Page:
Sheriff Watson is a law enforcement advocate


Robert A. Rush

When Police Benevolent Association Chapter President Jody Branaman accused Alachua County Sheriff Clovis Watson Jr. of unfair labor practices and failure to bargain in good faith, I found that very hard to believe. The opinion piece did not contain any specific grievances.

Watson is a true law enforcement advocate. He started as a patroller over 30 years ago. He served in all police officer positions and finished as deputy police chief for the city of Alachua. He then became city manager, where he led the city with over 120 employees, including its police department, while creating a strong new tax base for the city through his leadership skills.

So, with skepticism, I decided to research the actual offers made during negotiations with the union.

New stories:PBA alleges unfair labor practices by Alachua County Sheriff

The union wanted a 2.5% raise. In response, Watson increased wages by 3%. The package included two additional paid holidays and a $2,000 education allowance. It seems the only real disagreement was Watson’s new policy of requiring new deputies to live in Alachua County if they wanted to drive their service vehicles home.

Over the past three years, police departments across the country have lost a record number of officers. Many factors beyond local control are the cause, including protests against the police, the COVID pandemic and a wave of police retirements that began in the 1990s.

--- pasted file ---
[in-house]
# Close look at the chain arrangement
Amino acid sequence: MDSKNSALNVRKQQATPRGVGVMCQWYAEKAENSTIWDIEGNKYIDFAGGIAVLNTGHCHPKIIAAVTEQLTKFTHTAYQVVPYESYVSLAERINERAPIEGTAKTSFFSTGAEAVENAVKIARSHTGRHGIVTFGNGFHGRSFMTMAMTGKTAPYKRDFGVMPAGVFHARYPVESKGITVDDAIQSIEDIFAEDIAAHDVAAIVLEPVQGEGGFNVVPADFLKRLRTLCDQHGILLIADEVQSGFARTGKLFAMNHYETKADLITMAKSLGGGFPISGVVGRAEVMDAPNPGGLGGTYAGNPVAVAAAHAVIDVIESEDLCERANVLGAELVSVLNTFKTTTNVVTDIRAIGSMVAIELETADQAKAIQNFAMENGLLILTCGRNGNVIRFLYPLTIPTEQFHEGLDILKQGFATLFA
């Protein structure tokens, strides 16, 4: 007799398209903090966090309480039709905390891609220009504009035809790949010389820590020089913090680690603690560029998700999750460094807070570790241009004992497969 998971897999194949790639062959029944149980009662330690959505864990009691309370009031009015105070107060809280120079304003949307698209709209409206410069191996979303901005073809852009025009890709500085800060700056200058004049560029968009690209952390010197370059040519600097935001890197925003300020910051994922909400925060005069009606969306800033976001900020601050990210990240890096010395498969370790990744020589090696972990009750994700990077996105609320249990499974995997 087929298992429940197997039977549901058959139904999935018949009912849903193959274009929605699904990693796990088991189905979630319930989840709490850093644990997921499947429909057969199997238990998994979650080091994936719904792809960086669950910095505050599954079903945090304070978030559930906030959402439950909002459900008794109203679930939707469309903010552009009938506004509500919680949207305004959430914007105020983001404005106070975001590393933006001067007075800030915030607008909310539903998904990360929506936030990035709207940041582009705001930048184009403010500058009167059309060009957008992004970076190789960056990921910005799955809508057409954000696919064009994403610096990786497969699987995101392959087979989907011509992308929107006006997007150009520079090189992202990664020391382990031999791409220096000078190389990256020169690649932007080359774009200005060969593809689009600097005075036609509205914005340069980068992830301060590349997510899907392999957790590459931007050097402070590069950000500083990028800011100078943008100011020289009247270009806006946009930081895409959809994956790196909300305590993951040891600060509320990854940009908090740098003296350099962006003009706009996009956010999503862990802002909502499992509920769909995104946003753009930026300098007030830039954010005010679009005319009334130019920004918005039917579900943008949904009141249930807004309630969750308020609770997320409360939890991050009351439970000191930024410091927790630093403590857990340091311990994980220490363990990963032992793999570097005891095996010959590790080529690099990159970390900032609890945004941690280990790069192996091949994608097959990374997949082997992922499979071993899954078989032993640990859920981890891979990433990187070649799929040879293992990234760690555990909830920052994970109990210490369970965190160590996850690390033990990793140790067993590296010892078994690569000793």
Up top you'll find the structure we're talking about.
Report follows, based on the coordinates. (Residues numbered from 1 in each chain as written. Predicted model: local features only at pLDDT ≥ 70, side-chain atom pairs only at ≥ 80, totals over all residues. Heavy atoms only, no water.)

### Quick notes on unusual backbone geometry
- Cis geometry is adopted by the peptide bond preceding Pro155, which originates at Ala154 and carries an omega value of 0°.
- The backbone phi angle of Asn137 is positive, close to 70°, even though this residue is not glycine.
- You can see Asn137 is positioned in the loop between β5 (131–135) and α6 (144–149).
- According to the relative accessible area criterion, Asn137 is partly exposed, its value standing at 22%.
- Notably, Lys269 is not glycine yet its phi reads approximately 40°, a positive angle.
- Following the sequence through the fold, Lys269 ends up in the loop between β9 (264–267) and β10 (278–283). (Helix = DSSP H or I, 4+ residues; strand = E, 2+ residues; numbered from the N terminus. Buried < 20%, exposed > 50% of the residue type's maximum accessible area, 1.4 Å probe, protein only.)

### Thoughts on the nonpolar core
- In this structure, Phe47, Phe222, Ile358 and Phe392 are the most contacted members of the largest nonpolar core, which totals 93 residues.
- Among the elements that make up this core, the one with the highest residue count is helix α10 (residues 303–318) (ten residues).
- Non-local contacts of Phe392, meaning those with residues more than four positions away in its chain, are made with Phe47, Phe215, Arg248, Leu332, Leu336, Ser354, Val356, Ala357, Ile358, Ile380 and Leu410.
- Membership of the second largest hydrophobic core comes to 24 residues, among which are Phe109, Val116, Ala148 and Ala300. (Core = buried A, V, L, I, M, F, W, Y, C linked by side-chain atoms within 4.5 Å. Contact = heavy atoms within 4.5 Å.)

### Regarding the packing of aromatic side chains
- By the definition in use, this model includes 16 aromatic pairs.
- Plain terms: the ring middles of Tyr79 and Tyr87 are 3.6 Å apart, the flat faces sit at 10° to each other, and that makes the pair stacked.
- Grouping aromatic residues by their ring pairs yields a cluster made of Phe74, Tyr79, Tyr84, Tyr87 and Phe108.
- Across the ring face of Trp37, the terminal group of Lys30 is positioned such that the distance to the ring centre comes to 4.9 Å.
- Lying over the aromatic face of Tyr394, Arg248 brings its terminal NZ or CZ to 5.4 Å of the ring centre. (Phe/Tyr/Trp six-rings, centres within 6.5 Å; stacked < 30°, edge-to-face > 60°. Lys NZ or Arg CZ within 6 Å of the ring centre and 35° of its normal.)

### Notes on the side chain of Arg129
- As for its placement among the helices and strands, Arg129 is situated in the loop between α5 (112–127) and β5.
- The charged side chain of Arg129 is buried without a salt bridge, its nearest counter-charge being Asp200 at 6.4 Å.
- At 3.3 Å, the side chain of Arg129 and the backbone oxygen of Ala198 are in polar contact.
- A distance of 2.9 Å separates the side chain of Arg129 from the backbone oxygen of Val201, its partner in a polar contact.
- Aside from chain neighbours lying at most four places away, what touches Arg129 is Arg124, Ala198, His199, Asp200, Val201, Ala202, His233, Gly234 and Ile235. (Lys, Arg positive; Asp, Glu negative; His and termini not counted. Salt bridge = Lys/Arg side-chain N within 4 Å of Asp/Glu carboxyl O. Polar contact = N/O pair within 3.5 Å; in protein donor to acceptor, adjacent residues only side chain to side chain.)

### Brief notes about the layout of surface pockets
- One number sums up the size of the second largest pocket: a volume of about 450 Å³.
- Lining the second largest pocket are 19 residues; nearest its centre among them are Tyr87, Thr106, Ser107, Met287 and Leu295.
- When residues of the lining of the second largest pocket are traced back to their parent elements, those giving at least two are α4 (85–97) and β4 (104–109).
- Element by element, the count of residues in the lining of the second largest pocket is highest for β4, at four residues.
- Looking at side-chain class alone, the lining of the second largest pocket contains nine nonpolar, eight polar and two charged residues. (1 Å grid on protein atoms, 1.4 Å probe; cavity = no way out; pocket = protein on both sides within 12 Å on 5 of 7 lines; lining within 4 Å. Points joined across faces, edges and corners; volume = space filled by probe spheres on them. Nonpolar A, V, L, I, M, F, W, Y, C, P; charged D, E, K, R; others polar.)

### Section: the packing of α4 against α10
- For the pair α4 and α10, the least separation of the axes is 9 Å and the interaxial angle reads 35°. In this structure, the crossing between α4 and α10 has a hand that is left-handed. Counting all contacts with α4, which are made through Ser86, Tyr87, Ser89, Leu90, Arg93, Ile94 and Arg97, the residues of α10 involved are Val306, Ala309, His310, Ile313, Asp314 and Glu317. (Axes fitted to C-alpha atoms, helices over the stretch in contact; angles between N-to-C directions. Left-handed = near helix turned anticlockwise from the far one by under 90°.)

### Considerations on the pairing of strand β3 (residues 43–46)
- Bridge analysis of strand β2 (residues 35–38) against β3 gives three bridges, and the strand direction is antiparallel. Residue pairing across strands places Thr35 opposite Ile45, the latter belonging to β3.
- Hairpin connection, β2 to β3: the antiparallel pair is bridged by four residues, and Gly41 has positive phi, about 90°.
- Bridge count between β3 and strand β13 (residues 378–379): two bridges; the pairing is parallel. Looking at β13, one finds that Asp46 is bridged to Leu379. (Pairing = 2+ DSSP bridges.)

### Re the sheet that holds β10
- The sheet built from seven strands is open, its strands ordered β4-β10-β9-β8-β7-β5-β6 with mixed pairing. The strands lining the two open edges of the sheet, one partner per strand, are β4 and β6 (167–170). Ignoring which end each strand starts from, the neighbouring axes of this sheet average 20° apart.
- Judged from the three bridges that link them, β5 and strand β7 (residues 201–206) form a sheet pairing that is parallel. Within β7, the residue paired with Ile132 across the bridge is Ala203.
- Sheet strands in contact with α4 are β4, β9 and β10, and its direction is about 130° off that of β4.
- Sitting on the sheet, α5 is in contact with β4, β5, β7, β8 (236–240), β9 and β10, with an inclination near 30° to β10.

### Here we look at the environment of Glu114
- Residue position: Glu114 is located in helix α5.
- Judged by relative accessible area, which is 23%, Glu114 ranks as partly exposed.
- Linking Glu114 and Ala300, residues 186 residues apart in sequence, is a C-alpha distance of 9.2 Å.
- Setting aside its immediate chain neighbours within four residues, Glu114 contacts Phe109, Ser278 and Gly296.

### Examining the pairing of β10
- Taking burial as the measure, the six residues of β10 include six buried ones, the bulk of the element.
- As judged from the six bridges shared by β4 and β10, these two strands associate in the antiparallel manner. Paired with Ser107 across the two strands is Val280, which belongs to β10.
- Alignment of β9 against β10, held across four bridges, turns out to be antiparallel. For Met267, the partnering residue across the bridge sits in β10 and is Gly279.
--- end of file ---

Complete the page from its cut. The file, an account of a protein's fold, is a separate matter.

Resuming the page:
As for the crime rate, it’s actually dropped 3.3% here in Alachua County, and violent crime is down nationwide. To say that public safety has been threatened is flat out false.

Watson took over a demoralized police department when he was overwhelmingly elected sheriff just 15 months ago. Positive changes can be seen throughout the department, especially in the high morale of our excellent Deputy Sheriffs. This not only benefited the sheriff’s department, but all of Alachua County.

Robert A. Rush is a Gainesville attorney.

Join the conversation

Send a letter to the editor (up to 200 words) to [email protected] Letters should include the author’s full name and city of residence. Additional guidelines for submitting longer guest letters and columns can be found at

Journalism matters. Your support matters.

Get a digital subscription to the Gainesville Sun. Includes must-watch content from and, the latest news and updates across all your devices, and access to the eEdition. Visit to sign up.


Comments are closed.